It was not until the mid-20th century that these stereotypes were challenged. During the industrialization, every member of the family was responsible to play an active role. Women were confined to the domestic sphere by caring for children and looking after the house. There were very few occupations for women outside the home, and even few opportunities for higher education. Women's work' consisted of domestic services, clothing and textile manufacturing.
Gender role refers those tasks and responsibilities of men and women as determined by a particular society. The society expects both men and women to perform their roles in the culturally acceptable manners. For example, the socialization process moulds women into the role of subservient mother and wife’s preparing food, looking after children, fetching water as well as to low status productive activities such as trade in the informal sector. While it is considered appropriate for males to work in income earning or productive activities (Etsegenet, 1999). 2.6.3.
With the fall of the economy and the start of an unfamiliar lifestyle, women definitely had a major contribution in the workforce and economy, but just how impactful was it? Just how significant were women’s roles when it comes to trying to rebuild society during such a catastrophe? Many claims and arguments can be made in regard to the role of women during The Great Depression, though I believe without the role of women, the condition of the United States would had dragged on for much longer, in a more miserable way. Without the women who took action to work and support others, there wouldn’t be very many people who could have taken over their position. Though it was not the ideal lifestyle, women did so much to contribute to both the society, and families of others and their own.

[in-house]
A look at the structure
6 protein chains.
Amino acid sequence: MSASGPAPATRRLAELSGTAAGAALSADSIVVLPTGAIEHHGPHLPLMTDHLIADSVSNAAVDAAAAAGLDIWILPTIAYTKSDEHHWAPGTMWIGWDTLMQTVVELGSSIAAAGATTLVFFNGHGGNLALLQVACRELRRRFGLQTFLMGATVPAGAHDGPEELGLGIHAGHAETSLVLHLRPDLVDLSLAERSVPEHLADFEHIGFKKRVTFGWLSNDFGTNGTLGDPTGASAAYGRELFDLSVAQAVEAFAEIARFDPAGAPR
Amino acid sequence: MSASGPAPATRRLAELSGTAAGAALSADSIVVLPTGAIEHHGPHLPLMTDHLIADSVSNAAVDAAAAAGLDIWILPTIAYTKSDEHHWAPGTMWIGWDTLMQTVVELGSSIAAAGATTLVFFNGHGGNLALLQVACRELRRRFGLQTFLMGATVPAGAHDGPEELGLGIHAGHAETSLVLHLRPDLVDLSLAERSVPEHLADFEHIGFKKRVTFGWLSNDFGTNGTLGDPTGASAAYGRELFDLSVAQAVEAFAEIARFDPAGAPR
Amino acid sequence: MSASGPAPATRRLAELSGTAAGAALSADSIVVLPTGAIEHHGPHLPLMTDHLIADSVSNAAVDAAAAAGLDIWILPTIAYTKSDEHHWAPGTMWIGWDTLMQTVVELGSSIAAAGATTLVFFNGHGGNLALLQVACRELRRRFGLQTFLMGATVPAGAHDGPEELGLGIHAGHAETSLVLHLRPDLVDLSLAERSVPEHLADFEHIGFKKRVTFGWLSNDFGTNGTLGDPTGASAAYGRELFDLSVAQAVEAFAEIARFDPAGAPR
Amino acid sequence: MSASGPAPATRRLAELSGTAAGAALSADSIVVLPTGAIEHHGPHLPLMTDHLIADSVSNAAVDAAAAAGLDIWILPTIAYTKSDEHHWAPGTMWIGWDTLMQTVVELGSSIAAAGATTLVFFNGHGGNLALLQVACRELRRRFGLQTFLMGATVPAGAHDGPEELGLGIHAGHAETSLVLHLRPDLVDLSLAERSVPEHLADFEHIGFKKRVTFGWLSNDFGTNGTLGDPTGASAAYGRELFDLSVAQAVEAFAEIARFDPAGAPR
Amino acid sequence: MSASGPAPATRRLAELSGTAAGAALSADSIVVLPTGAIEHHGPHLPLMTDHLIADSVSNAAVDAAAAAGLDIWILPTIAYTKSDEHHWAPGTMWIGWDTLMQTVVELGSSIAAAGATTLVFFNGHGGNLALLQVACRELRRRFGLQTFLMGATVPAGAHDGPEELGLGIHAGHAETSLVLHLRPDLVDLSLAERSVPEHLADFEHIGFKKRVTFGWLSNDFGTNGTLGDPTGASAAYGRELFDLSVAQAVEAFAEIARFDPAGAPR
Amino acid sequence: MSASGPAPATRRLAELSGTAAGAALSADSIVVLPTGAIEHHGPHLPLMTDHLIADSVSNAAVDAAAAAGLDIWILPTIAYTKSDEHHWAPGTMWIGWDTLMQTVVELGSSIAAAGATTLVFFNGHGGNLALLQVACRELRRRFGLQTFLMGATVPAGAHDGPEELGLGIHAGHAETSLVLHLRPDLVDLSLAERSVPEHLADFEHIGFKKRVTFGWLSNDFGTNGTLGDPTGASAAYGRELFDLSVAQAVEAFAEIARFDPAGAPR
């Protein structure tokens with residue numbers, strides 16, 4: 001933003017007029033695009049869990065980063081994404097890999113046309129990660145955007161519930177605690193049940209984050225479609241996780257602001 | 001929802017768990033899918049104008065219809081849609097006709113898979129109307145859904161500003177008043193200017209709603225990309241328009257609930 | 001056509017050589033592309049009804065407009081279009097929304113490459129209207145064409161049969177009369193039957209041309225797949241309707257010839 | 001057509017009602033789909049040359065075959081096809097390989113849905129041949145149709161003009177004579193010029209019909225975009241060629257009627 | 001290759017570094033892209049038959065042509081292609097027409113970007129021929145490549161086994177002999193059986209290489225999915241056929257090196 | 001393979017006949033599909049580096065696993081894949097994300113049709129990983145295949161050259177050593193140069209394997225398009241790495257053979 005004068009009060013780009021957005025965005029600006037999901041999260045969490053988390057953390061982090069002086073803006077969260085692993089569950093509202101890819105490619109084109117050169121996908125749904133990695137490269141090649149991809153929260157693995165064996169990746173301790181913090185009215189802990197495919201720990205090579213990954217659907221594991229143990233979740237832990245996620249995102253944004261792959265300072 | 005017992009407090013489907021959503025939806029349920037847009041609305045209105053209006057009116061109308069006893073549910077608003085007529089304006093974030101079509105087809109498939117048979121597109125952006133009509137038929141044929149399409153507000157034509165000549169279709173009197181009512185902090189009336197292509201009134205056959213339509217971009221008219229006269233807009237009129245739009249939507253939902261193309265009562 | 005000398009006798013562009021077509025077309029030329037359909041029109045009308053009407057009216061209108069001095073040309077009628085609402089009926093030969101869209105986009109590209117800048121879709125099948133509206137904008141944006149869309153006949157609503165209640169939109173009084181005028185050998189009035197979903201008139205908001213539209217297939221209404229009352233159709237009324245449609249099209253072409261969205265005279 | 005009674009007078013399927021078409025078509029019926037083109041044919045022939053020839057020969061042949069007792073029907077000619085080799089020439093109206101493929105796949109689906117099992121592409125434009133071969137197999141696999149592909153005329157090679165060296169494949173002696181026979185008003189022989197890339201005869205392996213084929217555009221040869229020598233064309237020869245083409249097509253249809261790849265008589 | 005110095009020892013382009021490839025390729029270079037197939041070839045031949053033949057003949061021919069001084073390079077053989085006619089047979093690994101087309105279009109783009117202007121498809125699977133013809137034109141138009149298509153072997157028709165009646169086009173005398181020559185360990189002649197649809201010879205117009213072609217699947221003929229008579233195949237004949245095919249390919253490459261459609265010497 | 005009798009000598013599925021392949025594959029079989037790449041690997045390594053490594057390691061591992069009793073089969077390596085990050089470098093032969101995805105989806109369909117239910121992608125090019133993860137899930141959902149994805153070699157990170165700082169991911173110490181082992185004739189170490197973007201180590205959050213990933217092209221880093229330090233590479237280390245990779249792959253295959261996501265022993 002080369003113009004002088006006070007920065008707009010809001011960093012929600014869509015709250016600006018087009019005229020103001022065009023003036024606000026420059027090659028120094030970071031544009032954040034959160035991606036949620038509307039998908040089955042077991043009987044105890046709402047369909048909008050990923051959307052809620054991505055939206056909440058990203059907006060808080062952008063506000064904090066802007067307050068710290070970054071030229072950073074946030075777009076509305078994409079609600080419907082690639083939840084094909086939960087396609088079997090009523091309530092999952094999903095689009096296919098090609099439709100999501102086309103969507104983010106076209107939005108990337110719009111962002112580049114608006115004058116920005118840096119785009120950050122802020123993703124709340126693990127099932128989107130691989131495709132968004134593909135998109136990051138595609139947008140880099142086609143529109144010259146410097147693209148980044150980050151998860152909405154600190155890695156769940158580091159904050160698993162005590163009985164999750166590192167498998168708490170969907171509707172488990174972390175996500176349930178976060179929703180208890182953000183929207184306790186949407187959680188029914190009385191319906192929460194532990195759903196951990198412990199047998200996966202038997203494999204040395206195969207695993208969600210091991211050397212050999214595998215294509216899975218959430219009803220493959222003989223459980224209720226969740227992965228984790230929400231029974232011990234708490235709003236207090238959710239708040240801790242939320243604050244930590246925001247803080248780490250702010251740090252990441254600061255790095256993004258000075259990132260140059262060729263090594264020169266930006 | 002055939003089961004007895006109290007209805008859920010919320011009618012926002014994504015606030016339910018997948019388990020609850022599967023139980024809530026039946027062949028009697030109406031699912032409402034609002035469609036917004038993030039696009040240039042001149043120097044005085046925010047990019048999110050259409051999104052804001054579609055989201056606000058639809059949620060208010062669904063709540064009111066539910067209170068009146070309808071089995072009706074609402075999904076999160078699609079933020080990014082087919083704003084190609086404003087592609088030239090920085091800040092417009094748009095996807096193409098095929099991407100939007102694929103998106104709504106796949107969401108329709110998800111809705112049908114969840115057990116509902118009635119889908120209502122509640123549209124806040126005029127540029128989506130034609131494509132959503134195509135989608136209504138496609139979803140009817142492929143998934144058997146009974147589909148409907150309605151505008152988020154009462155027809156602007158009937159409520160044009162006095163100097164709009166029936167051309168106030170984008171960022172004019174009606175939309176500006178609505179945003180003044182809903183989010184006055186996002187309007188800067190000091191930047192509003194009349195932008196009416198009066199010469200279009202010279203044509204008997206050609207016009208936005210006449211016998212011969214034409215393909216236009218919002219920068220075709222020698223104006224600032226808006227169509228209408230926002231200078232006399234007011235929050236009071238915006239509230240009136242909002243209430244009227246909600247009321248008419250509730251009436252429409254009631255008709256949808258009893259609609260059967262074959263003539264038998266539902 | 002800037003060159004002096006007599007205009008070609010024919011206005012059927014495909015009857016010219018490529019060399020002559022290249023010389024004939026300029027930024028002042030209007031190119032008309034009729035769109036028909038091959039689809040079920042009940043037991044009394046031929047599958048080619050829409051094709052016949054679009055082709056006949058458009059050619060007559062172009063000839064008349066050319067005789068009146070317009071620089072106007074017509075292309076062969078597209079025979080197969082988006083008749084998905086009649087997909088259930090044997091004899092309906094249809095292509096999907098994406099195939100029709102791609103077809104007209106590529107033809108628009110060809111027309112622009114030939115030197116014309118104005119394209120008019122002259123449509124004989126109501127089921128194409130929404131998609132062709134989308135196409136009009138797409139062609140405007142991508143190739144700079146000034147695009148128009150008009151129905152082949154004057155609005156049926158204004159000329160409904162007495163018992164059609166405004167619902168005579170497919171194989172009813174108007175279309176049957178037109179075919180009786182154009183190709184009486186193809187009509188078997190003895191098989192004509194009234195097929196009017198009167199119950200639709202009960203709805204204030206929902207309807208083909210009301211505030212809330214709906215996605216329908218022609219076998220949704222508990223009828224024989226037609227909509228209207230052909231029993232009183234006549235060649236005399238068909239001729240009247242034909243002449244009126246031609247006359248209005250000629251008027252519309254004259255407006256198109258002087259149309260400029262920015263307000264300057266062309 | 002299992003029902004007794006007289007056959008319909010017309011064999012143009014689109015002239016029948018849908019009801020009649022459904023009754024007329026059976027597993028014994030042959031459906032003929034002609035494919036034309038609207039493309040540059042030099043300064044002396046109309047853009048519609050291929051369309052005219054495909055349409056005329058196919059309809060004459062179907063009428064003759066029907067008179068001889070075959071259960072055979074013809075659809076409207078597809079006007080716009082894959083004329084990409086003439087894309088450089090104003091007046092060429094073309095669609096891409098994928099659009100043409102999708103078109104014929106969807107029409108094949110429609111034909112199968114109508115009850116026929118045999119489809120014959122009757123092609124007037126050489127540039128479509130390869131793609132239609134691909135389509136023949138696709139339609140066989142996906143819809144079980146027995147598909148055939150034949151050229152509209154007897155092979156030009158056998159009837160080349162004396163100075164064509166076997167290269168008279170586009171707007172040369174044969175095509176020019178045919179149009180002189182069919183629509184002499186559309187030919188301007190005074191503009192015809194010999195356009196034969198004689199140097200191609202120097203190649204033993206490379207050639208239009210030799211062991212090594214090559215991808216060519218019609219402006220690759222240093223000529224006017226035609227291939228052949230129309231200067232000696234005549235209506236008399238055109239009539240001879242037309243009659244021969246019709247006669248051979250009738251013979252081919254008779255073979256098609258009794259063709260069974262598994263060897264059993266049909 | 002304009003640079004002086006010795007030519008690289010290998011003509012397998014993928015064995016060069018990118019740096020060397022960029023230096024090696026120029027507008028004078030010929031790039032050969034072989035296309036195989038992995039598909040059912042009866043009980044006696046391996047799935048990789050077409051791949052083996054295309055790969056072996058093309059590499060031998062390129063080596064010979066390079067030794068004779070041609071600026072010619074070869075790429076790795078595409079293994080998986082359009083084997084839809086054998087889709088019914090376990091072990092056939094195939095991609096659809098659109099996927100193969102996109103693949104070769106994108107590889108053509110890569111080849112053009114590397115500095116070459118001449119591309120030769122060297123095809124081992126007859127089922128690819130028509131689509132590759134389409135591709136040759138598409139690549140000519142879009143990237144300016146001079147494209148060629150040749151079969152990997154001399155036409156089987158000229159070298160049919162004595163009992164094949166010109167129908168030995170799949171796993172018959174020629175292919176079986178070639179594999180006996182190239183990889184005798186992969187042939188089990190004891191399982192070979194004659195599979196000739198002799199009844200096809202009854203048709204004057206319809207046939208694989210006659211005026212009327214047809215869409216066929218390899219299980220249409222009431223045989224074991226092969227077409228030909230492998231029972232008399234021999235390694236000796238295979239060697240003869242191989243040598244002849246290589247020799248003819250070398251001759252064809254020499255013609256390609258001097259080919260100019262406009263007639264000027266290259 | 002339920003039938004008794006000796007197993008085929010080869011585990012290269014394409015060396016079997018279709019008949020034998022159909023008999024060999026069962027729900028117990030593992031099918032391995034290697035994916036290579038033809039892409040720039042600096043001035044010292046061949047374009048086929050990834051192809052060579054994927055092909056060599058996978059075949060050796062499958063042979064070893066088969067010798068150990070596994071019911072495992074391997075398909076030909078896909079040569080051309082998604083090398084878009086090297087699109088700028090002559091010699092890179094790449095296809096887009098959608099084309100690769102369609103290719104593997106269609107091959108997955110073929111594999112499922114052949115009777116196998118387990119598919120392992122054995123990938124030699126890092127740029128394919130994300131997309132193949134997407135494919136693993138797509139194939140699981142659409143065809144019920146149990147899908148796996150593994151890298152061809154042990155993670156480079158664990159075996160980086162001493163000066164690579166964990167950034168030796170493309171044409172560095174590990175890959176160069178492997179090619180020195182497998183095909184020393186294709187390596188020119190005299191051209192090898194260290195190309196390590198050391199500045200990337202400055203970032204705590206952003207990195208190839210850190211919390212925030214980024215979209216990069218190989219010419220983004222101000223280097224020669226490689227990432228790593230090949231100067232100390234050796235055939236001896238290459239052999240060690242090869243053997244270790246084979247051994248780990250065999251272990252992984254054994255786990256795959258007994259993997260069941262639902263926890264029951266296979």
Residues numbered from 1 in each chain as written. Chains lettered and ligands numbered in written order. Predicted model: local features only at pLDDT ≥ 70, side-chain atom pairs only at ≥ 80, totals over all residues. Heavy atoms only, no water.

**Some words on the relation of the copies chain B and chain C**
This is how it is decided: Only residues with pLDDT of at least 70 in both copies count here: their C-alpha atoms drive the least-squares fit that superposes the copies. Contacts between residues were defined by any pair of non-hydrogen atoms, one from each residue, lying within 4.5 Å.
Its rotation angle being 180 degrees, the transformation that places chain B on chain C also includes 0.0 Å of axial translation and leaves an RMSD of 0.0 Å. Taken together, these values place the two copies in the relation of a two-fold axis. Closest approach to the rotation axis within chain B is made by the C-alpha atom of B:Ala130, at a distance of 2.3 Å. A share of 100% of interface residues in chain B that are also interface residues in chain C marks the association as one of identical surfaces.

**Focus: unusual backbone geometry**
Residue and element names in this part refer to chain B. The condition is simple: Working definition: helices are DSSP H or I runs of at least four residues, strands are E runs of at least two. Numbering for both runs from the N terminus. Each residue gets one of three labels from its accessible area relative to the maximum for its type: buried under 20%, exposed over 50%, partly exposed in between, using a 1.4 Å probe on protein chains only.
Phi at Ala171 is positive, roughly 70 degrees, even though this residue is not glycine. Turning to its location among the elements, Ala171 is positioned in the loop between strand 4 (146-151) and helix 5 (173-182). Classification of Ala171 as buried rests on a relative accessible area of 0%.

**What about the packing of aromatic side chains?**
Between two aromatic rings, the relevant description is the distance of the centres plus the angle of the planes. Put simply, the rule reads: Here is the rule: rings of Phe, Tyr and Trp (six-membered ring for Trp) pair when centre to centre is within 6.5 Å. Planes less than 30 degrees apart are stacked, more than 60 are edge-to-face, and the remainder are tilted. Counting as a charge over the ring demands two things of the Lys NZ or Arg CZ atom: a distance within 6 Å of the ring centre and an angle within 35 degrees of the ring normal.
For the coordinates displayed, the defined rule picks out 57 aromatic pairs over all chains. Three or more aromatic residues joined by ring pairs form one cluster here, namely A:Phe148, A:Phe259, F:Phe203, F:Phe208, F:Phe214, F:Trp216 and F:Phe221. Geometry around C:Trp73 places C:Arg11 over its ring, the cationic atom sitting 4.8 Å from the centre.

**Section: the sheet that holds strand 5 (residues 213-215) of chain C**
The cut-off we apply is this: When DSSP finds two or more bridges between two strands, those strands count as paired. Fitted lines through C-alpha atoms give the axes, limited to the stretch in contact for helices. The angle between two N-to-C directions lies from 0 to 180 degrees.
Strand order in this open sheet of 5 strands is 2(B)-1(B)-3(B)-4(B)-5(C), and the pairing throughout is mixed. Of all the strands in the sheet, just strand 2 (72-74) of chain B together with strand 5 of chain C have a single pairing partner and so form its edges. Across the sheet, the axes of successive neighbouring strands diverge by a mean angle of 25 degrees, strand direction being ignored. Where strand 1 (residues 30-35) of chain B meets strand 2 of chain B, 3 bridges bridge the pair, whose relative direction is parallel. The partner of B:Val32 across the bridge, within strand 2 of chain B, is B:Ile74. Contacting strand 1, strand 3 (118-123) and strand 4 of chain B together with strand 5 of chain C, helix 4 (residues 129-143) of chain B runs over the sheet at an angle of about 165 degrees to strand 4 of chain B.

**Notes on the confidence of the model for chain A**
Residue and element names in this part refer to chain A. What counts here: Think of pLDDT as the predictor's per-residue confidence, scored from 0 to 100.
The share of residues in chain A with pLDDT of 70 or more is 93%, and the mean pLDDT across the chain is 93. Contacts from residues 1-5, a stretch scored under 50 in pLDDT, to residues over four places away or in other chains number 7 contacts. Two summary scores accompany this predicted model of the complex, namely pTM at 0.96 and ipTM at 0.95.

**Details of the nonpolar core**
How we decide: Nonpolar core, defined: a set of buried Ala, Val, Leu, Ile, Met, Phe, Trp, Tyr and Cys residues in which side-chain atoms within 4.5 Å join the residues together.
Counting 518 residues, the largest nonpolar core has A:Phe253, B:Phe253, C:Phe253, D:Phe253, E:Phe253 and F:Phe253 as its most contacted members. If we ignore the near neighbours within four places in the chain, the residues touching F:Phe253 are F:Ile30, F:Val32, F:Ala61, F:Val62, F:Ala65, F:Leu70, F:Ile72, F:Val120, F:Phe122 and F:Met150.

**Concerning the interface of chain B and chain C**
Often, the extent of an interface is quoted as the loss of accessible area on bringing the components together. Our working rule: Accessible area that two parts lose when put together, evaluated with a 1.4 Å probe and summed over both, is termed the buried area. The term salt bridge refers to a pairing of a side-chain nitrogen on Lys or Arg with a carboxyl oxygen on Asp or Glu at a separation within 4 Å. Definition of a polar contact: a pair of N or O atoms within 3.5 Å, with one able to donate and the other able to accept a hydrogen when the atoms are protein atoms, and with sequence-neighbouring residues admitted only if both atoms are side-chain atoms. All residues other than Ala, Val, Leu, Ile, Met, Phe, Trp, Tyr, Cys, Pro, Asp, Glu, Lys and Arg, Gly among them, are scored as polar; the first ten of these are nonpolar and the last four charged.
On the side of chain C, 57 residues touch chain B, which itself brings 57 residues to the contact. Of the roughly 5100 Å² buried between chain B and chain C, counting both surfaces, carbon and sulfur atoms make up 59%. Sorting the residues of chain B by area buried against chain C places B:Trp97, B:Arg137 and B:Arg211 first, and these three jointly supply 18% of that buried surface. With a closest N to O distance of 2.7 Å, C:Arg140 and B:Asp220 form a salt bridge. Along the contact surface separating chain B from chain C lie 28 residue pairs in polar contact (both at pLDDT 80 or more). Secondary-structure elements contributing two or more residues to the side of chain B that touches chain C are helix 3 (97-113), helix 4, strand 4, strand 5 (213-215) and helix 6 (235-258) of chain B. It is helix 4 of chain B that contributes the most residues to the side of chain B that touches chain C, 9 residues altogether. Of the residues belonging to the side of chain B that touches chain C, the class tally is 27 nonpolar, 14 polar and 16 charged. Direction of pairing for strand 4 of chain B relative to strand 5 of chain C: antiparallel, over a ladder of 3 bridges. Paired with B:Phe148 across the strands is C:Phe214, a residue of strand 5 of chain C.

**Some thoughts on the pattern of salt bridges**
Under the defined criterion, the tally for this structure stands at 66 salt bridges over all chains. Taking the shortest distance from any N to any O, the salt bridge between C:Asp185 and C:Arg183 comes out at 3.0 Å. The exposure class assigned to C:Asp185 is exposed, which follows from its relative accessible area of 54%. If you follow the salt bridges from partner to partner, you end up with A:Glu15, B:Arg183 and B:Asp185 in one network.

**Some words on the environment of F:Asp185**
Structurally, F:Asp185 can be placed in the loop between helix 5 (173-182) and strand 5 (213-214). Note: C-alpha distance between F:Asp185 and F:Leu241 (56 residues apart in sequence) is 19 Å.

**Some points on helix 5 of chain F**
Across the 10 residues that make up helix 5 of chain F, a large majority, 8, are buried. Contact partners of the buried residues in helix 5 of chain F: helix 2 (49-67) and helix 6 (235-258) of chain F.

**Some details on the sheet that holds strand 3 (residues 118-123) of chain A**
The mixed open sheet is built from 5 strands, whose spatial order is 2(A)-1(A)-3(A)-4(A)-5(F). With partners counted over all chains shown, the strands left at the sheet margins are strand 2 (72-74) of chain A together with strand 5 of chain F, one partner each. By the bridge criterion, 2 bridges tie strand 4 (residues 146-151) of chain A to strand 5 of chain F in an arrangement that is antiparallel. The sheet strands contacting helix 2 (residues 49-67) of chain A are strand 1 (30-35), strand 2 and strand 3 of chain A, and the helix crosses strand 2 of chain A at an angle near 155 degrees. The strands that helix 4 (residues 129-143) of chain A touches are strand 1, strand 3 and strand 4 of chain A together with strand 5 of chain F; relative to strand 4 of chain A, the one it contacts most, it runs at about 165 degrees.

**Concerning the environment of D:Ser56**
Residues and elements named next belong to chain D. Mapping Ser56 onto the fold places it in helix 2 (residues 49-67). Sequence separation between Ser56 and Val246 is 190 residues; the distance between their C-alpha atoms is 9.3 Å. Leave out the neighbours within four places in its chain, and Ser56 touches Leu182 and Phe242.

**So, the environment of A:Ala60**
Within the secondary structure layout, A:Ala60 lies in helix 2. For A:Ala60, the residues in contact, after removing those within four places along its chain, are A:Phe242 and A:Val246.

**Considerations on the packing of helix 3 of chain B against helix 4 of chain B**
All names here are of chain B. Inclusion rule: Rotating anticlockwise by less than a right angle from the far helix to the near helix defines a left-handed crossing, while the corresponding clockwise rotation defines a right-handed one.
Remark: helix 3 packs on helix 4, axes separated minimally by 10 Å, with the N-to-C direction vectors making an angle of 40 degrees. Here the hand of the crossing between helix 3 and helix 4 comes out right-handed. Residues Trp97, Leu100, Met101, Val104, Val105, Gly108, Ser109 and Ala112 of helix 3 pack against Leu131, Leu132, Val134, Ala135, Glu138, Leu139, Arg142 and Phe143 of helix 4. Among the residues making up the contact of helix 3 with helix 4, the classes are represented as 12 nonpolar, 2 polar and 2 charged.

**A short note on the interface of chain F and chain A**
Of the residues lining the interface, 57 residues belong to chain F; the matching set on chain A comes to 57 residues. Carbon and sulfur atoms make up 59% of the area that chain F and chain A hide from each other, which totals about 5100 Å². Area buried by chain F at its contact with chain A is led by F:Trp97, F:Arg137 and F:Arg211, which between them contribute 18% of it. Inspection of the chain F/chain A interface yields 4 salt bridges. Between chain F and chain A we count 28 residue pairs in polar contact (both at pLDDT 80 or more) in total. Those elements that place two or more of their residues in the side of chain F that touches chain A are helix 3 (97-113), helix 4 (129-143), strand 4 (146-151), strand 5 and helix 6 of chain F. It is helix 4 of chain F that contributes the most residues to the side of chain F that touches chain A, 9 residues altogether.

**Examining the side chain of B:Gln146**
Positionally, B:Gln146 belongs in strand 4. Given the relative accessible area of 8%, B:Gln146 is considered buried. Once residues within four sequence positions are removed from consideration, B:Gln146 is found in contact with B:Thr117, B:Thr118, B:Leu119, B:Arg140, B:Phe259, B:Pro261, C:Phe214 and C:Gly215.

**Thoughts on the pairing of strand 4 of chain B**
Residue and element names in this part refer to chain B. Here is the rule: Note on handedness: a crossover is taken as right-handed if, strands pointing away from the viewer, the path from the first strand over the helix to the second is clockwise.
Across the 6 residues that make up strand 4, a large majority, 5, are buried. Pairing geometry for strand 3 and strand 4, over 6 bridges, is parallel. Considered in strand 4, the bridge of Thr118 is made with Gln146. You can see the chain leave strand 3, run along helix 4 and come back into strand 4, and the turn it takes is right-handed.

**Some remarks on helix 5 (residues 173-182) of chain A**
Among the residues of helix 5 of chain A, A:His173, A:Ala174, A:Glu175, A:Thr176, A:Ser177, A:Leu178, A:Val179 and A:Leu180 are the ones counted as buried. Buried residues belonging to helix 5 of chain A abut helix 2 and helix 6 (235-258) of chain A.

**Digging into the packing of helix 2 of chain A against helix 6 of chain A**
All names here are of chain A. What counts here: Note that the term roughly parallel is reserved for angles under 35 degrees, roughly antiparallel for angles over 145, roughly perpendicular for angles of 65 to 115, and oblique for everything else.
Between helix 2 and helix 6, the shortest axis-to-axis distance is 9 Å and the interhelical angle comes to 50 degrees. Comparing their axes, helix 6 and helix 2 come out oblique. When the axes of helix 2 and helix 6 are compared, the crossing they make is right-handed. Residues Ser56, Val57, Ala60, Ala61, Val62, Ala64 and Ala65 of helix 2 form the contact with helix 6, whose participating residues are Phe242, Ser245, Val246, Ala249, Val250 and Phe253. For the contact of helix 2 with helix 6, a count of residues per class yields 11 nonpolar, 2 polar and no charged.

There has also been harmful sexism perspectives passed down each generation that could have triggered what women can and cannot do. However based upon evidences drawn by numerous historian writers, there are answers to why women roles have somehow been overlooked. Since the beginning of time, there has always been important roles for men and women to follow. These roles included men doing hard labor, while women did housework and handled all of the children. However, once the agricultural revolution began to raise, women were required to
1- Introduction Despite the sufficient amount of food around the world to feed all globe’s population, the number of world’s chronically undernourished people increased from 777 million in 2015 to 815 million in 2016 (The United Nations Food and Agriculture organization 2014). BRIDGE (2016) reported that food and nutrition insecurity is gender justice issue and as a result of gender inequality 60% of the world’s undernourished people are females. According to The United Nations Food and Agriculture Organization (FAO) (2011) women make essential contribution to food security and comprise more than 40% of agriculture workforce in developing countries. However, their agriculture productivity is less than men. Gender gap exists in agriculture productivity